Above the professionals lolling around on 14th and N yesterday morning, and above the old man with a shock of white hair relieving himself unabashedly against a bush on 14th, was one flag of hope -- a little handpainted sign hung over a black metal railing in front of the Bethany Women's Shelter, which said: "An Expression of Art by Homeless Women."

The exhibition inside, organized by local art therapist Patricia Prugh and held in a small room, featured drawings and paintings by homeless women and shelter dwellers -- some unidentified -- who have participated in a temporary arts community program. There were drawings of happiness, of anger; some uplifting, some depressing; some figurative, some abstract; with titles such as "Red Skies Have Died," "Night in the City," "Lonely Lady," "Purgatory" and -- of course -- "Untitled." Covering a back entrance was a cloth mural, a group effort with various drawings on it -- from an artist's easel to a Ban The Bomb emblem. And half a dozen or so of the 15 represented artists waited nervously for the onslaught of spectators that were to come at noon to see their first-ever exhibition.

"I did this," said Alice (who did not want to reveal her last name) about "Revenge," a Magic-Marker illustration of a blond woman's face. The character has long eyelashes and has one eyebrow raised (in the program notes, Alice has written "She's out to get you"). "I had a particular friend in mind."

"Yellow to me means fear," she said, pointing to a detail in another of her drawings called "Mixed Emotions." "The black shadings in the picture means evil, or anger."

"I didn't dream it would end up on a wall," said Florence (who also declined to give her last name), a soft-voiced elderly woman, of her two chalk drawings, one of a rural home in Iowa, and the other a testimonial for the Bread for the City organization, located just around the corner. She used to be, she said, an employe in a midwestern city clerk's office "before the unions came." Her departure from that job was "a rotten deal, after me being the best employe there . . . " There was also a divorce, and a journey through several states to find work. "You test real good in everything, but it's theirs the states' own first, you know what I mean? . . . Women all alone after divorce, they call them kids . . . You end up homeless for various reasons."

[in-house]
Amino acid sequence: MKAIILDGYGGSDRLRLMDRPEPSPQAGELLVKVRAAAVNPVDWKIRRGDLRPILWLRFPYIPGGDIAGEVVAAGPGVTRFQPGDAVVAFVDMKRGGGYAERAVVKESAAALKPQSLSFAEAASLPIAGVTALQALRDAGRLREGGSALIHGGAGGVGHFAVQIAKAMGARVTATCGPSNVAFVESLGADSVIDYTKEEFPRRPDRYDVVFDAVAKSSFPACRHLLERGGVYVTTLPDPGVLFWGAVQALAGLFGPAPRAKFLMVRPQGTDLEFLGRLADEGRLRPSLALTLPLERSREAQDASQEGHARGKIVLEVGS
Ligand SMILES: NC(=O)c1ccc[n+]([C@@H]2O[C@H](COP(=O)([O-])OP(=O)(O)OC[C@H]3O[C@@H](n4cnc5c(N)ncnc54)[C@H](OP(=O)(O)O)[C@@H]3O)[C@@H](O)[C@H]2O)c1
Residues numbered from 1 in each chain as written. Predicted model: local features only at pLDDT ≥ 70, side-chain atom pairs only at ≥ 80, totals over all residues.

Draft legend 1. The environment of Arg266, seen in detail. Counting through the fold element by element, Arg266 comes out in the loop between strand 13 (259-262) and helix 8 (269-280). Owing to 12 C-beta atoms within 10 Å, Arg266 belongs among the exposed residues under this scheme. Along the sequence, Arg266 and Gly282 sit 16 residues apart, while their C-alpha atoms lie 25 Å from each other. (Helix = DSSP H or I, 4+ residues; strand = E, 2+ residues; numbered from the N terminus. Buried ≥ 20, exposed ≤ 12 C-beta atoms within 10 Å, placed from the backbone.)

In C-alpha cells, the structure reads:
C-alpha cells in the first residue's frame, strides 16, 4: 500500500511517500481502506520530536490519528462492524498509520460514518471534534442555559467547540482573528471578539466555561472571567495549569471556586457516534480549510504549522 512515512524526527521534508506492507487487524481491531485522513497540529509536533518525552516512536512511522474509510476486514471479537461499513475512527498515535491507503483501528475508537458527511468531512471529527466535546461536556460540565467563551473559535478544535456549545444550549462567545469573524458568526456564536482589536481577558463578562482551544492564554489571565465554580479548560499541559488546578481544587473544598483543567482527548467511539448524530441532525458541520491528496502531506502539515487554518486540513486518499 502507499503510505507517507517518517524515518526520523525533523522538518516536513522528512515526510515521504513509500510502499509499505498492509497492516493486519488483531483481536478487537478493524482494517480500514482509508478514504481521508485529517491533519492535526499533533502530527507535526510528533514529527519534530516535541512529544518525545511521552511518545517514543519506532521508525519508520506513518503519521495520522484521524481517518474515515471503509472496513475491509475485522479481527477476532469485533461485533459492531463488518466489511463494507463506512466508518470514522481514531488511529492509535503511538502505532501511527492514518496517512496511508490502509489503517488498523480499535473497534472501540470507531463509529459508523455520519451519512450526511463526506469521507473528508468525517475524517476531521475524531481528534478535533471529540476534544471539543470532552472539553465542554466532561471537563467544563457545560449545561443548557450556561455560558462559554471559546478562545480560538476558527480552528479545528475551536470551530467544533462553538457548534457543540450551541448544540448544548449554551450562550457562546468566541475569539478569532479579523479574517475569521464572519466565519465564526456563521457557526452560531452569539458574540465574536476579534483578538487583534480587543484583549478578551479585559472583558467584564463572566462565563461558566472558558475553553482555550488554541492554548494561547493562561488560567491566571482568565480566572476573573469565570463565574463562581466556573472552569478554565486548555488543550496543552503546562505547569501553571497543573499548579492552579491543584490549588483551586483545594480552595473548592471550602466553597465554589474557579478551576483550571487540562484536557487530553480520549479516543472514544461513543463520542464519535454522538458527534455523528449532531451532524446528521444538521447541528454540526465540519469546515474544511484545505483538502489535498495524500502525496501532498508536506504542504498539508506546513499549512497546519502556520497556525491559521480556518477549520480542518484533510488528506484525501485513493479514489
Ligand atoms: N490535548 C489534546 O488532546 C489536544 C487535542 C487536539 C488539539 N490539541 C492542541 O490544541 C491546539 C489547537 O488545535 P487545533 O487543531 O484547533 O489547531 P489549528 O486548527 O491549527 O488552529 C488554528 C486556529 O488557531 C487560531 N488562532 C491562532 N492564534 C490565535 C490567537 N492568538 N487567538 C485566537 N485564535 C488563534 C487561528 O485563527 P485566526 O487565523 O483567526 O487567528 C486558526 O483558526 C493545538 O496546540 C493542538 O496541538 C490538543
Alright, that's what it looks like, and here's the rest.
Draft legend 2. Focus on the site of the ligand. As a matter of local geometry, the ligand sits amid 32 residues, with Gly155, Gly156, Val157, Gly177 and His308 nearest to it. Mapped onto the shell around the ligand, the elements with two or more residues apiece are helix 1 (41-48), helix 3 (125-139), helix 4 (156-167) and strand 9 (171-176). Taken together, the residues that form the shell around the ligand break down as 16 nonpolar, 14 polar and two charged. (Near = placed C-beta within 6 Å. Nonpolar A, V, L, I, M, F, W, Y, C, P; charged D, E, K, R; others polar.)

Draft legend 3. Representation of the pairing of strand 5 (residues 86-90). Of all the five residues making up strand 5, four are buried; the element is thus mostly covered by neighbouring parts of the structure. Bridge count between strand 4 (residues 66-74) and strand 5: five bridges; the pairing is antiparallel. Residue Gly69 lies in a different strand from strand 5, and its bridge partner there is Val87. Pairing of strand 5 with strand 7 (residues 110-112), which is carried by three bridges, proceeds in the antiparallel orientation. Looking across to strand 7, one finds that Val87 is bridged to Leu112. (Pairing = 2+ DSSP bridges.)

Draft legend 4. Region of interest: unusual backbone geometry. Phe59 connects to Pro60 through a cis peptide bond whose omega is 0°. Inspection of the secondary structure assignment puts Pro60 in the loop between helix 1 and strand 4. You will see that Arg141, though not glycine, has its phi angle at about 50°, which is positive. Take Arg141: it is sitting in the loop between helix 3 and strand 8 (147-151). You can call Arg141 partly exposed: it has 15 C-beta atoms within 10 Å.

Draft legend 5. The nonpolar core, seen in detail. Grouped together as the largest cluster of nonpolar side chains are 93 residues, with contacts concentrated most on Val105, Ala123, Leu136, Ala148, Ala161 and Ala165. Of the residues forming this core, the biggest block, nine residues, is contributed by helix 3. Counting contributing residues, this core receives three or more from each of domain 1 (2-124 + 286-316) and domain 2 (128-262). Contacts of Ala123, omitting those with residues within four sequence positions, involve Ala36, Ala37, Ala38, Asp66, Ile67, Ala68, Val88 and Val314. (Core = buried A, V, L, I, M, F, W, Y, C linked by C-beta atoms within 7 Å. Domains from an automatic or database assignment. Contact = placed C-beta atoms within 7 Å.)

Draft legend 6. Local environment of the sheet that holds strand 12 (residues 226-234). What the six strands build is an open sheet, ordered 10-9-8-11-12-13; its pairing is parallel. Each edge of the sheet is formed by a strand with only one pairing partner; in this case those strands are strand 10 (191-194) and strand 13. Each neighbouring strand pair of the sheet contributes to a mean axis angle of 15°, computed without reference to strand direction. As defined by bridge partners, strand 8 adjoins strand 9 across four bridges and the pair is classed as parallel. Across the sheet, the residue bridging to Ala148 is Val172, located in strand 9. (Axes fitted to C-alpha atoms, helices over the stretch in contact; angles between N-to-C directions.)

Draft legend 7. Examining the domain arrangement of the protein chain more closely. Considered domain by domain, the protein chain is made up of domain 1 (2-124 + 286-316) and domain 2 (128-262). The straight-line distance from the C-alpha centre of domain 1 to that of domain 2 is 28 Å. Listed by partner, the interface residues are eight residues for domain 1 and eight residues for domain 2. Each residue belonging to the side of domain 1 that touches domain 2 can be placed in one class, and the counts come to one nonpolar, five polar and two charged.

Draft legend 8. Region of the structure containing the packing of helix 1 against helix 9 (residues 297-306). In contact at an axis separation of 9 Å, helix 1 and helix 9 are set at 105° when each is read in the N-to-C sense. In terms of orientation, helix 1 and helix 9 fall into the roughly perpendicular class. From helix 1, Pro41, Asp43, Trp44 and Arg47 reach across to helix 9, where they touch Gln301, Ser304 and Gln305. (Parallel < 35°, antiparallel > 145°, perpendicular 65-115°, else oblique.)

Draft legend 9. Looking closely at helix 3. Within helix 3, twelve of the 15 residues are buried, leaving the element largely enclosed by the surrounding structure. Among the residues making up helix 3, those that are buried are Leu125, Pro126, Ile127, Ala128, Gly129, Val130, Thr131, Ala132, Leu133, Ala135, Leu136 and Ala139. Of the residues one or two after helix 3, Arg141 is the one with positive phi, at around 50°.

"It's good therapy," said artist Yvonne Willis about the arts workshops -- conducted twice a week by Prugh for homeless Northwest Washington women. Her "Purgatory" is based on Dante's "The Divine Comedy," which she studied in high school. The program "gives you the chance to express yourself in painting, chalk or whatever you do best. It's needed here."

"We homeless women are all in it together, all in some emotional state of depression, but not much help to each other," said Karin, another arts participant, who has two displayed works (one titled "Allegro con Brio"). "This art class is an outlet for feelings of frustration and despair."

"I hope to make this a rotating exhibit around town," said Prugh, who received a grant from the D.C. Fine Arts Commission for the program (classes are obliged to end in two weeks, due to lack of further funding). She also elicited support from the Logan Circle community, which has donated time and services toward this program as well as its finale: an architectural facade that will be erected over the next few weeks in front of Bread for the City and will feature paintings by homeless people within the "windows" of the facade.

The workshop participants numbered approximately 50, said Prugh, who considered the program a success. They "found a place in the artwork to release those feelings trapped inside themselves."